Sometimes an abuser may use visitations to undercut the survivors efforts, and attempt to create post-separation difficulties on the survivor. Survivors are encouraged not to speak badly about the abuser to their children. Researchers have found that the closer children feel to the abuser the more deeply hurt they are by their mistreatment. Here children may do an about-face and blame the survivor reproachfully asking them to forgive the abuser. Studies have also found that the closer children feel to the survivor, the better they do and that the better the children understand what is happening, the easier/healthier the situation can be. More work must be done to investigate the scope of broad effects domestic violence, and recognize the seriousness of the attention needed to access its effects on society.

Tuesday, July 26, 2011

Love After Dementia

In “Voices of Alzheimer’s” and the Caregiving.com article “Do We Need a POA for Love?” both cover the idea of love after dementia and the ethics of relationships outside of marriage when one spouse has dementia.

The article says “More and more family caregivers are sharing their stories of dating and falling in love with someone other than their spouse.” I found similar sentiments expressed in the book “Voices of Alzheimers.”

“Some of my wife’s friends were upset when I started seeing another woman after Julia went to the nursing home, but I was so damn lonely. I had missed going to concerts and parties for several years. I needed the social life, but it never goes very far. These new friendships don’t hold a candle to the wonderful relationship Julia and I had developed over so many years.” (Husband, p.66)

“There were many problems with my husband’s illness, but one of the biggest was one I couldn’t talk about – he lost interest in sex. I ended up having an affair that ruined several friendships and made me even lonelier. I am thankful I was not more self-destructive during this period.” (Wife, p.66)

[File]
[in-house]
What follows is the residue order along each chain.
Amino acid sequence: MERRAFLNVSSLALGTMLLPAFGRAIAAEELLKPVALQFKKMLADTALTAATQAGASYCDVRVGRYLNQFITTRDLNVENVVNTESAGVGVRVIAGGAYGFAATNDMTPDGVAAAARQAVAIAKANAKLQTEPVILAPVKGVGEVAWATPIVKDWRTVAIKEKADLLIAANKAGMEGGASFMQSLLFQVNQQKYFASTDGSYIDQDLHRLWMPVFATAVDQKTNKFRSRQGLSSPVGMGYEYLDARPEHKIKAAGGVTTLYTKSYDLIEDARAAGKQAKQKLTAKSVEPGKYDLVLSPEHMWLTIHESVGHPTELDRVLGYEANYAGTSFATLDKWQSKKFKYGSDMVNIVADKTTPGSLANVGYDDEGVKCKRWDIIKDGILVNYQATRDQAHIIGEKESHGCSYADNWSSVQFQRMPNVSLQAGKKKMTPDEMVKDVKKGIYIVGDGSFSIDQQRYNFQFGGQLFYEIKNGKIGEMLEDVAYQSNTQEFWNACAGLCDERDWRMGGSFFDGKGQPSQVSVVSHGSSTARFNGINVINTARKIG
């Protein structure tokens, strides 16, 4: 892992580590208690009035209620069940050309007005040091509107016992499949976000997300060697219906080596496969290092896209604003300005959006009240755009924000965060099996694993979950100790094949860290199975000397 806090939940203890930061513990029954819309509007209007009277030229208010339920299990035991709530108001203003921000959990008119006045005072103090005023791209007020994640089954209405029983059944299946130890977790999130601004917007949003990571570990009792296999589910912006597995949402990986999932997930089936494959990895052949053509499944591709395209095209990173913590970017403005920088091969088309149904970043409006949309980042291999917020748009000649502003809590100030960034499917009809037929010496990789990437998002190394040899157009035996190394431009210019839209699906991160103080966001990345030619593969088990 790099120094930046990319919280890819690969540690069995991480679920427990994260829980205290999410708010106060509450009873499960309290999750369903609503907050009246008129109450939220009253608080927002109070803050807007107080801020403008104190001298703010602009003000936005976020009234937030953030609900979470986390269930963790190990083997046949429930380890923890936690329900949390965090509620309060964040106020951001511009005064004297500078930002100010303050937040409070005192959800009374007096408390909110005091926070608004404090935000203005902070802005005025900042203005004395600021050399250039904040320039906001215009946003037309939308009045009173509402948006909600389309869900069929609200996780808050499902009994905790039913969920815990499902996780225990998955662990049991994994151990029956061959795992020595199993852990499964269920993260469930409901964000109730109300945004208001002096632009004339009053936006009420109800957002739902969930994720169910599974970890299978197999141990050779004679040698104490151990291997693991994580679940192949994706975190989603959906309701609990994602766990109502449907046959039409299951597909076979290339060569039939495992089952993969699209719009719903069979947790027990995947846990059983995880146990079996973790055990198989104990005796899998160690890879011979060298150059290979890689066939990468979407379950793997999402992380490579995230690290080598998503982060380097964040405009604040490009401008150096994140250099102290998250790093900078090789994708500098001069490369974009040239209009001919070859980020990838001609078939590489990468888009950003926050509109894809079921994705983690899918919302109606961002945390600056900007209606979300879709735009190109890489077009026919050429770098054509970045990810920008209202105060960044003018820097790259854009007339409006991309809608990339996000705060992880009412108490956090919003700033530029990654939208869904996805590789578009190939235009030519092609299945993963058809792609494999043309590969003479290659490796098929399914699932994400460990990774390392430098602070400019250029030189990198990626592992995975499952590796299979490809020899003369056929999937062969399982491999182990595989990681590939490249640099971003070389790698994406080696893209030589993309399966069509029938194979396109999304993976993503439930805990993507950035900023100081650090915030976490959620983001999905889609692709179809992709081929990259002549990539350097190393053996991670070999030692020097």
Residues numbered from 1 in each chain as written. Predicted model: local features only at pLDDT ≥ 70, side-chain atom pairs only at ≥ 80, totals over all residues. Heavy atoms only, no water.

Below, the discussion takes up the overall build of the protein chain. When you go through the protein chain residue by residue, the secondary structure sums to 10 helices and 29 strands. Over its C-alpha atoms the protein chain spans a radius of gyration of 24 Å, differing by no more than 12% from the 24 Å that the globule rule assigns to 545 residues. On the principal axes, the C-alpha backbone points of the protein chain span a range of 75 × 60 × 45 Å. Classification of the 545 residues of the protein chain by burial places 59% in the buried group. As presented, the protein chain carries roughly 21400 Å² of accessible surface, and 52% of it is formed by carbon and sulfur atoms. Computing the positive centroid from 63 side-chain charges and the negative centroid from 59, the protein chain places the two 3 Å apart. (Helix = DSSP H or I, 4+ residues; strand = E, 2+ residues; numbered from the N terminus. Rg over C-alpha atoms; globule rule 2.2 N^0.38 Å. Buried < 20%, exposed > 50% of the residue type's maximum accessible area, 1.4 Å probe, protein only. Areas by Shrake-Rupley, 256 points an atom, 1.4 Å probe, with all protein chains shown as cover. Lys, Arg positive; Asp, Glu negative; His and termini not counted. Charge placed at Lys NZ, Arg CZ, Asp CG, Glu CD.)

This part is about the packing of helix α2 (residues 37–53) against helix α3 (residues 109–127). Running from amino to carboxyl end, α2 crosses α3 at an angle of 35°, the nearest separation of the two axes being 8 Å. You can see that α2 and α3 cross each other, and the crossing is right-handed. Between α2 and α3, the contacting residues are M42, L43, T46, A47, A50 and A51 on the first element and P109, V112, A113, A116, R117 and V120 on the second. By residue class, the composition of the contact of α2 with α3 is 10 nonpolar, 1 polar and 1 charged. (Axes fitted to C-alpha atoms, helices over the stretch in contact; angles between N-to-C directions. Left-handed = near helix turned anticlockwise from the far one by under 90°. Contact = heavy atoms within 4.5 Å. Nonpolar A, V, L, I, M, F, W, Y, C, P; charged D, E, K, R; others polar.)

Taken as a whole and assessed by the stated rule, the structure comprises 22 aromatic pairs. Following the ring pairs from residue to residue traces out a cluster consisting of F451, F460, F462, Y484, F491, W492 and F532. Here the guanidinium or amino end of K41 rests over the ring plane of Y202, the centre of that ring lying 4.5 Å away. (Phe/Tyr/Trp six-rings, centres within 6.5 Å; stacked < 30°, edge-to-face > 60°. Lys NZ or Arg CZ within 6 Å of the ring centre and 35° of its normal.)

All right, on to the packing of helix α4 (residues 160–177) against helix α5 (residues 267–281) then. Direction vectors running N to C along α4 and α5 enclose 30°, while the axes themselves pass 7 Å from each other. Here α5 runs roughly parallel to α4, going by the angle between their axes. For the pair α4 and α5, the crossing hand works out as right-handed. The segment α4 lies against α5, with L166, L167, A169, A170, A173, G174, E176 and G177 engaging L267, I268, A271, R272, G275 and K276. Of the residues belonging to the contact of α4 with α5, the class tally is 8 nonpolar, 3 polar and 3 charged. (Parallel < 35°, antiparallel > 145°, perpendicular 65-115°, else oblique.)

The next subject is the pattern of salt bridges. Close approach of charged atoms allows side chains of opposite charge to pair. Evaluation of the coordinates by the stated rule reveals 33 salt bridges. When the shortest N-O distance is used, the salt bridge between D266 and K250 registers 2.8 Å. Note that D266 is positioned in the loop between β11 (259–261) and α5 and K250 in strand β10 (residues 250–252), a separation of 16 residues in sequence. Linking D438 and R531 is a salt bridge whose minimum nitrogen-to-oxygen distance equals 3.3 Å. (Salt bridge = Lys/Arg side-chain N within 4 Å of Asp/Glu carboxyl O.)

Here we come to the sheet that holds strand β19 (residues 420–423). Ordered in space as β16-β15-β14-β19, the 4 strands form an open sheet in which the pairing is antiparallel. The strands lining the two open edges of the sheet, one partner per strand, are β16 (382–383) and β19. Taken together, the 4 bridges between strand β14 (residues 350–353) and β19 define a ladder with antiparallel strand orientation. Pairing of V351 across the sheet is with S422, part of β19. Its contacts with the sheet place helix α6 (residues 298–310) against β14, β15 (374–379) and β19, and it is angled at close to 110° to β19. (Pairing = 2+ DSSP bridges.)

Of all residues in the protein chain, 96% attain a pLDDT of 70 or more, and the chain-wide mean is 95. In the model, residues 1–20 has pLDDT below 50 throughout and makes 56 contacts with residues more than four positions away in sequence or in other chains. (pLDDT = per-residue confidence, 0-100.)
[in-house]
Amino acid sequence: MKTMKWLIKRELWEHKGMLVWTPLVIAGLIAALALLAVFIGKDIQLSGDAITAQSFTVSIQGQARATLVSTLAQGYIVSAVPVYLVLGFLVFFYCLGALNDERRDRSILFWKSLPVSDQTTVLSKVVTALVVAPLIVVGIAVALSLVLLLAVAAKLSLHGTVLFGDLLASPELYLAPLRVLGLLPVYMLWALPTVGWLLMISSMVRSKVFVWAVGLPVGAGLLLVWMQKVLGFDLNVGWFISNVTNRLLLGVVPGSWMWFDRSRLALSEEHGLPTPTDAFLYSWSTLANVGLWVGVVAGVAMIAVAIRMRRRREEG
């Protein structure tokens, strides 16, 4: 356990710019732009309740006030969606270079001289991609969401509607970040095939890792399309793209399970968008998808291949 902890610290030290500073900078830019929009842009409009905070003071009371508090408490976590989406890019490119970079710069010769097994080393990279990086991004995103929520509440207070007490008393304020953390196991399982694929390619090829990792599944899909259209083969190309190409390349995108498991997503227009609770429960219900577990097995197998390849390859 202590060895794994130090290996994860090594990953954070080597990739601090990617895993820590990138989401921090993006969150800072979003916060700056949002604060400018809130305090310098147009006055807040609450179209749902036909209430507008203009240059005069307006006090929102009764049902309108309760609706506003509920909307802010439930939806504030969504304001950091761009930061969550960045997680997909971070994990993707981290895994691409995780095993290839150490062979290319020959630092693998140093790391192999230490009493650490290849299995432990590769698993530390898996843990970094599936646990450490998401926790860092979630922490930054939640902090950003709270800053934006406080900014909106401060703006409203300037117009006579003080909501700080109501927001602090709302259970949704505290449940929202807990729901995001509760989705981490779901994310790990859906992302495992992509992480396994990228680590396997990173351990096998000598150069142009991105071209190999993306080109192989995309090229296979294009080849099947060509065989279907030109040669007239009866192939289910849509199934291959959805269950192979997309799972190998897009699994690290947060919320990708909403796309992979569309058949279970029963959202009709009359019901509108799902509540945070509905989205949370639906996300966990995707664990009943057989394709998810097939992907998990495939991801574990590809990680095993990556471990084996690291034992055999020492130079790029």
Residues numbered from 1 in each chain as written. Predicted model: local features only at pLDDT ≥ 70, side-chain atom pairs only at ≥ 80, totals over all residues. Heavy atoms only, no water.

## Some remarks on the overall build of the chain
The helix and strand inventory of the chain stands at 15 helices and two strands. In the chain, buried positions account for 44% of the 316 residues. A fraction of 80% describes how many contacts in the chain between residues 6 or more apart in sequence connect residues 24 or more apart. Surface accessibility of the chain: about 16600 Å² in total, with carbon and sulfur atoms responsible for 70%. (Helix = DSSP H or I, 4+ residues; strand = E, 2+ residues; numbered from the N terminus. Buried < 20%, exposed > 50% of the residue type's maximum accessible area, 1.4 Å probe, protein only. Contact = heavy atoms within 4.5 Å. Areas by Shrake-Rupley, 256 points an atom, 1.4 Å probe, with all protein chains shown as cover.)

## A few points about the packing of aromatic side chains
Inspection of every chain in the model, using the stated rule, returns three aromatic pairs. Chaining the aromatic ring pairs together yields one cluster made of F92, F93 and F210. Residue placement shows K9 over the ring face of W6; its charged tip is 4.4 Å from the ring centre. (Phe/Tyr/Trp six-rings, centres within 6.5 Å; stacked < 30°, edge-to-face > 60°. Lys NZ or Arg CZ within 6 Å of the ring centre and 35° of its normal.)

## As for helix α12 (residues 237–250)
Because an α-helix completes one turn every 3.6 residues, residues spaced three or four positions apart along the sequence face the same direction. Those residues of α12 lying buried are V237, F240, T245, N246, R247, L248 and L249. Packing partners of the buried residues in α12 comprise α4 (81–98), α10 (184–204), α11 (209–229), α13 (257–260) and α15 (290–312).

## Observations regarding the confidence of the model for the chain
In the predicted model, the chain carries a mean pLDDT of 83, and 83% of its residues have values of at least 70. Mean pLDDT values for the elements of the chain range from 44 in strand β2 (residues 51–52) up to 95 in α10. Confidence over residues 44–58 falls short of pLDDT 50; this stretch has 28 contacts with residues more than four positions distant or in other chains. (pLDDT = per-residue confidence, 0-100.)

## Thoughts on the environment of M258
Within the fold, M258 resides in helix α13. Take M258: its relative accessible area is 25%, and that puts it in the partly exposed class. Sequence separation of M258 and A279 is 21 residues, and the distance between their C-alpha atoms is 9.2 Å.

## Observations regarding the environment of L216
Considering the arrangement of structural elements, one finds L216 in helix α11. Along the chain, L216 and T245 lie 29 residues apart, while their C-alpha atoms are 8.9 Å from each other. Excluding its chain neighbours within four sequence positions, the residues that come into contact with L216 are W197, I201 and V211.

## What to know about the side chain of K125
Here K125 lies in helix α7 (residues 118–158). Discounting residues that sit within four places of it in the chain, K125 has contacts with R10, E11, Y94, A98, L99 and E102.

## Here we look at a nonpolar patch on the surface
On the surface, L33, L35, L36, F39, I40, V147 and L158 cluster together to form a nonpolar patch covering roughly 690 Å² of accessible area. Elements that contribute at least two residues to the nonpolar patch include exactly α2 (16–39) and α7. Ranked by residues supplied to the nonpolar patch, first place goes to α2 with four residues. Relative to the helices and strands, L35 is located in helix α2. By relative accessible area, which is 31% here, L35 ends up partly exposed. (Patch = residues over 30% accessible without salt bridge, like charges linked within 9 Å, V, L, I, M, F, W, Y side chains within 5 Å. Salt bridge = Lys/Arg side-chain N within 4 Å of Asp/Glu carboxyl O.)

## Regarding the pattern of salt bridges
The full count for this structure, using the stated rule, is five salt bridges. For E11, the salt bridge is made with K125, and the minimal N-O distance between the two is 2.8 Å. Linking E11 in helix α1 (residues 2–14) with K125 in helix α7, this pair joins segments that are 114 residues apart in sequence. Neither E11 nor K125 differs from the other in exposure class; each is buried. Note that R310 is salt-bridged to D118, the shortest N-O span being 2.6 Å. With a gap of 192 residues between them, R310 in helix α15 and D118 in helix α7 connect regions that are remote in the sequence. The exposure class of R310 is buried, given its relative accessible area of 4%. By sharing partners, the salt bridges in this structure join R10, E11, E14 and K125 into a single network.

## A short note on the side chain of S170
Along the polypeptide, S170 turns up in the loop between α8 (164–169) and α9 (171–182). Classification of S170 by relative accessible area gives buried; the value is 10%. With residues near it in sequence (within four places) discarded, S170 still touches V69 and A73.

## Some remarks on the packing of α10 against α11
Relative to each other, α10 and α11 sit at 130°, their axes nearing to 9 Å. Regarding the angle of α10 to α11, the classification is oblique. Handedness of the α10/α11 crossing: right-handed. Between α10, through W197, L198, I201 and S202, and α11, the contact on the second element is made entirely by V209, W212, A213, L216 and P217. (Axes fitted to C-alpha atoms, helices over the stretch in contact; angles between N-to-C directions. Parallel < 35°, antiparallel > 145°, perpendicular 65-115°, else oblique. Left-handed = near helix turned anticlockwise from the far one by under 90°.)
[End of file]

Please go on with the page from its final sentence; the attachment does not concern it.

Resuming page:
“If I just had somebody of my own age group to talk to …I mean, I don’t think that you are violating any of your vows, having somebody you can talk to. I wouldn’t mind having another female, quite honestly, to talk to. Go out and have a beer together.” (Brad, Husband, p.65)

The article “Do We Need a POA for Love?” shares a link to a video about CBS News Correspondent Barry Petersen and his wife Jan who has advanced stages of Alzheimer’s disease. He has since added a new love to his life, Mary Nell, and they together visit and befriend Jan in her residential facility. Mary Nell’s quote is interesting when she says, “The reality is I am a widow. The reality is that he is married to a woman who doesn’t remember him. And so we exist in our own universe of this very peculiar new American family.”

I thought of these dementia caregivers/spouses who are essentially pre-widowed. They have lost their spouses in mind due to dementia, though they remain living in body. They seem to be caught in this middle ground where life is in a holding pattern. They can’t move on and yet they can’t stay the same.

One person in the book says, “People around me are also now unsure of their role; when you have a disease you are supposed to either get better (then they can all cheer) or get progressively worse and die (and they can properly give you care and mourn). Everyone is poised for some type of action, and there is nothing to do for them; they are unsure of how to support this leaky boat which will eventually sink but for the moment is caught on a sandbar.” (JanMina, patient, p.47)